just a mom figuring it out one day at a time

Supporting The ‘Ban Bossy’ Campaign but with a Twist

KC stood barefoot in her sundress, a bow in her hair with her hand on her hip.

“Chris, you get over here and apologize to Sarah for being so mean!”

Stunned at being ordered around by a 4-year-old, Chris, who was about 9 years old, stood there for a moment just staring at KC.  Then he turned to Sarah, “Uh, I’m sorry.”

“Good job Chris. Now go play.”

The group of adults sitting in front of my neighbor’s house burst out laughing. Even at a young age KC had no problem speaking her mind.

KC is a take charge kind of girl and if no one will step up to correct a wrong or organize the masses, KC innately steps in and takes control.  On the upside, she shows tremendous leadership skills.  The downside unfortunately is that sometimes she is so engrossed in taking charge, she fails to listen or acknowledge the feelings or desires of other kids and then they tune her out.  As a result, there are many times when I’ve pulled her aside and suggested that she ask her friends what they would like to do, rather than just order them around.

In short, my daughter is “bossy.”

There are multiple definitions of the word bossy, ranging from “to act as a boss of” or “to order” (Webster’s NewWorld Dictionary) to “overly authoritative; domineering” (Dictionary.com).  While I support her displaying leadership qualities, I don’t support domineering behavior—unfortunately for women I think the perception has a very fine line.

When I worked in the corporate world, and even to a lesser extent today, being assertive or authoritative wasn’t always viewed positively—even in my management roles.  Not because it wasn’t the right thing to do, or because I was or wasn’t doing my job, but because I was a woman. Ironically just yesterday I was having a conversation with a former female attorney regarding this same issue.  The unfortunate reality is that assertive and authoritative women are often viewed as “bossy” which carries a very negative connotation with it.

The good news is that there are a few women out there trying to change that message with the “Ban Bossy” campaign. The Girl Scouts of the USA and Leanin.org have joined forces with their “Ban Bossy” campaign which aims to encourage young females to lead by removing the “bossy” label which is often applied to girls, whereas the same behavior is deemed as acting as a “leader” in boys.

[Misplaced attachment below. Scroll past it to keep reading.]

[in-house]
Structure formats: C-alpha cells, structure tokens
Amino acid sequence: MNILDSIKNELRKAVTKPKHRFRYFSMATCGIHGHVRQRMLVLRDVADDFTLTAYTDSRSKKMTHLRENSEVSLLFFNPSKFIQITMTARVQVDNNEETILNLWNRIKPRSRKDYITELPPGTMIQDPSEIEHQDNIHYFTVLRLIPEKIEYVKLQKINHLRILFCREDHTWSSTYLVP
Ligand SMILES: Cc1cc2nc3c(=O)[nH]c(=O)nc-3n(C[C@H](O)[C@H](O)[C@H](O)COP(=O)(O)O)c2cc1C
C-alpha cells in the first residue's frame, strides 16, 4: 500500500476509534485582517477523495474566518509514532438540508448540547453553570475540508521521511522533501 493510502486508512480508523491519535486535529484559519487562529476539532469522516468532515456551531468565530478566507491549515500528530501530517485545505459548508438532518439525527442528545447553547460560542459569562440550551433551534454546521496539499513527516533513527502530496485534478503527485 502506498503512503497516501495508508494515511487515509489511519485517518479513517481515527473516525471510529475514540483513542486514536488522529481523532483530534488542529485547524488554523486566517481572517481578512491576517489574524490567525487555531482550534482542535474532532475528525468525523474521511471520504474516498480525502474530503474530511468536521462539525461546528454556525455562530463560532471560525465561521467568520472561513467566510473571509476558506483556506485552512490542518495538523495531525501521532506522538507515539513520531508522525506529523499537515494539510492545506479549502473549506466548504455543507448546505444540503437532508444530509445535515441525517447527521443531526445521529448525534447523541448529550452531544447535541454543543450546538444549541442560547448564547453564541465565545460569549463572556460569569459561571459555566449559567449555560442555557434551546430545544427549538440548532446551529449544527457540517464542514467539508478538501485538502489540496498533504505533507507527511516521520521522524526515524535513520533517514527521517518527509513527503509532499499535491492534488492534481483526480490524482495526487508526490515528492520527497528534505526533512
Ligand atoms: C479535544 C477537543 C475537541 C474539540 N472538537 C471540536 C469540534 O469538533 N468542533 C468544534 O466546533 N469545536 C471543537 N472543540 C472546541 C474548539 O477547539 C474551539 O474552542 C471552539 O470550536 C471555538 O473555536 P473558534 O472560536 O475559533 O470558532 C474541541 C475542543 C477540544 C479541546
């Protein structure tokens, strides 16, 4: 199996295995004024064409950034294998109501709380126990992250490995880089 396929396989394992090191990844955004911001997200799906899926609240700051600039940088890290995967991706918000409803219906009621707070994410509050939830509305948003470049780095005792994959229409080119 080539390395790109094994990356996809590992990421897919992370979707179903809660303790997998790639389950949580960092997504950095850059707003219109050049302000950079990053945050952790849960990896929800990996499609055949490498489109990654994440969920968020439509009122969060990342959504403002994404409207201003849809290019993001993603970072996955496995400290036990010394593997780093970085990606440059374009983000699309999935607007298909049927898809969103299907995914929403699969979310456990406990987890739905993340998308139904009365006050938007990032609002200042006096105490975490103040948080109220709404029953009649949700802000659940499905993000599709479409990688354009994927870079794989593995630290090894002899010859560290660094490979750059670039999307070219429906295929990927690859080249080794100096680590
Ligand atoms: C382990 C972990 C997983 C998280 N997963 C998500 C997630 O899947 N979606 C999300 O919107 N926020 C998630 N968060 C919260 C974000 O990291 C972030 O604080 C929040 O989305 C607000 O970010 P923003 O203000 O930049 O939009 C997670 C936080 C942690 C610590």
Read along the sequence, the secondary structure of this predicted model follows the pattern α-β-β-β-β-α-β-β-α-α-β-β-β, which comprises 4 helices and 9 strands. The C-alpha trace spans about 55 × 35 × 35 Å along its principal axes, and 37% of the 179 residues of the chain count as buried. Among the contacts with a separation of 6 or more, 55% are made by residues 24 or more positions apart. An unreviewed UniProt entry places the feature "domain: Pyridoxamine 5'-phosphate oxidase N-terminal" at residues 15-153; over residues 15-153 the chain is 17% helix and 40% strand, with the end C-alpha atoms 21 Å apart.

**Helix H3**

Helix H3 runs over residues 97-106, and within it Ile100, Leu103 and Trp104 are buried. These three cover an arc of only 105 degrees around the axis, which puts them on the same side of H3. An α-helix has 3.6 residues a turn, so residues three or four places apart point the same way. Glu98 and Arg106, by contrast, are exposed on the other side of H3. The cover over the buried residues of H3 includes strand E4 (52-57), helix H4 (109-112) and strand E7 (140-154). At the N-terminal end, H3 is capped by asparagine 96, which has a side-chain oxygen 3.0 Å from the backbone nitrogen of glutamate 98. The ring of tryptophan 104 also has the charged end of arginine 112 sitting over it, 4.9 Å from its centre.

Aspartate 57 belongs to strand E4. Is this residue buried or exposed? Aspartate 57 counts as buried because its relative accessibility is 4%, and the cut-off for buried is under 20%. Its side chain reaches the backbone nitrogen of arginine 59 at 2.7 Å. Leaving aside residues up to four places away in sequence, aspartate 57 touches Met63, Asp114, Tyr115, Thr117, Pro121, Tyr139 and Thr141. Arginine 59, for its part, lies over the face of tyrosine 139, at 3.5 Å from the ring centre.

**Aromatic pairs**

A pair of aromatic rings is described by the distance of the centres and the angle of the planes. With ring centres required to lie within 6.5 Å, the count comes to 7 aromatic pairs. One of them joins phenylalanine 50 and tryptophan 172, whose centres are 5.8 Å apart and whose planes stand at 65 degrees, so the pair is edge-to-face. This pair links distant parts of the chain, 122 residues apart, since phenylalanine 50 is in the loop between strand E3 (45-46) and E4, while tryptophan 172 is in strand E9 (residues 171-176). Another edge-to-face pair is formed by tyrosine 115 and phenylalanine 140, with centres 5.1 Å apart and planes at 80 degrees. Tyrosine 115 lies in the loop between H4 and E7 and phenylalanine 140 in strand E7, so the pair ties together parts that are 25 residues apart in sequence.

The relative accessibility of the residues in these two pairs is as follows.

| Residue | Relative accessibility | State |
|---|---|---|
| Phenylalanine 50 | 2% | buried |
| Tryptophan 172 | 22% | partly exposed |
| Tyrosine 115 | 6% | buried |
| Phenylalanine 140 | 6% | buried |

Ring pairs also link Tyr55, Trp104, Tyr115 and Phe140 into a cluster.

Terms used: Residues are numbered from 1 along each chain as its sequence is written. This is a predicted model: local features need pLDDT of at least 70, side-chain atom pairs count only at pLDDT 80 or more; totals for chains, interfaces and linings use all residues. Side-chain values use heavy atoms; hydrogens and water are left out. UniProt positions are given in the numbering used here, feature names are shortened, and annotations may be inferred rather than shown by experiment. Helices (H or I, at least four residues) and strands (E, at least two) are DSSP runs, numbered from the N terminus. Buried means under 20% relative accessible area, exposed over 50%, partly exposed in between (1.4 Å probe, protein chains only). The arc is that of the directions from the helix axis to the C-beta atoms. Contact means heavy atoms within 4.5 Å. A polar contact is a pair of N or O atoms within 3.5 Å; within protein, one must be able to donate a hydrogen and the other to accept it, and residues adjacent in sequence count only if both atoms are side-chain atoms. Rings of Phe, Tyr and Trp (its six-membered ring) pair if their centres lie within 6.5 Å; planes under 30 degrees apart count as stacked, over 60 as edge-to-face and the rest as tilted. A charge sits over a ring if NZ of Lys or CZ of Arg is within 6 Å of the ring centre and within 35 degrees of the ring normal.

In Anna Maria’ Chávez’s article, “Ban Bossy Campaign Promotes Equality” for CNN.com she notes:

“According to the Girl Scouts Research Institute Ban Bossy National Youth Poll 2014, more than a third of girls who are called “bossy” lose interest in leading and stop making decisions or suggestions.

Children begin to establish gender role stereotypes as early as 2 years old and generate an emerging career identity by middle school. As early as the third grade, girls report anxiety about taking leadership roles, become overly concerned about pleasing others and aspire to be perfect.

 By the time they reach middle school, the damage is done.

A 2003 study by Simmons College notes that by the early teen years, more boys than girls report that they aspire to leadership roles in future careers, and millennial women are less likely to say they “aspire to a leadership role in whatever field I ultimately work.” “

My daughter is now in the latter half of second grade. I don’t want her to be in the group of third graders noted in Anna Maria’ Chávez’s article who becomes anxious when it comes to leadership roles. I want my daughter to be a strong woman, unafraid to speak her mind, so I support the “Ban Bossy” campaign, but with a little modification.

I will remove “bossy” from my vocabulary with her and instead will praise the times when I see her taking a leadership role.  However, I will continue to coach and guide her to listen to the needs of her friends. After all, treating those whom you lead with respect is a sign of a great leader—regardless of gender.

 

 

 

 

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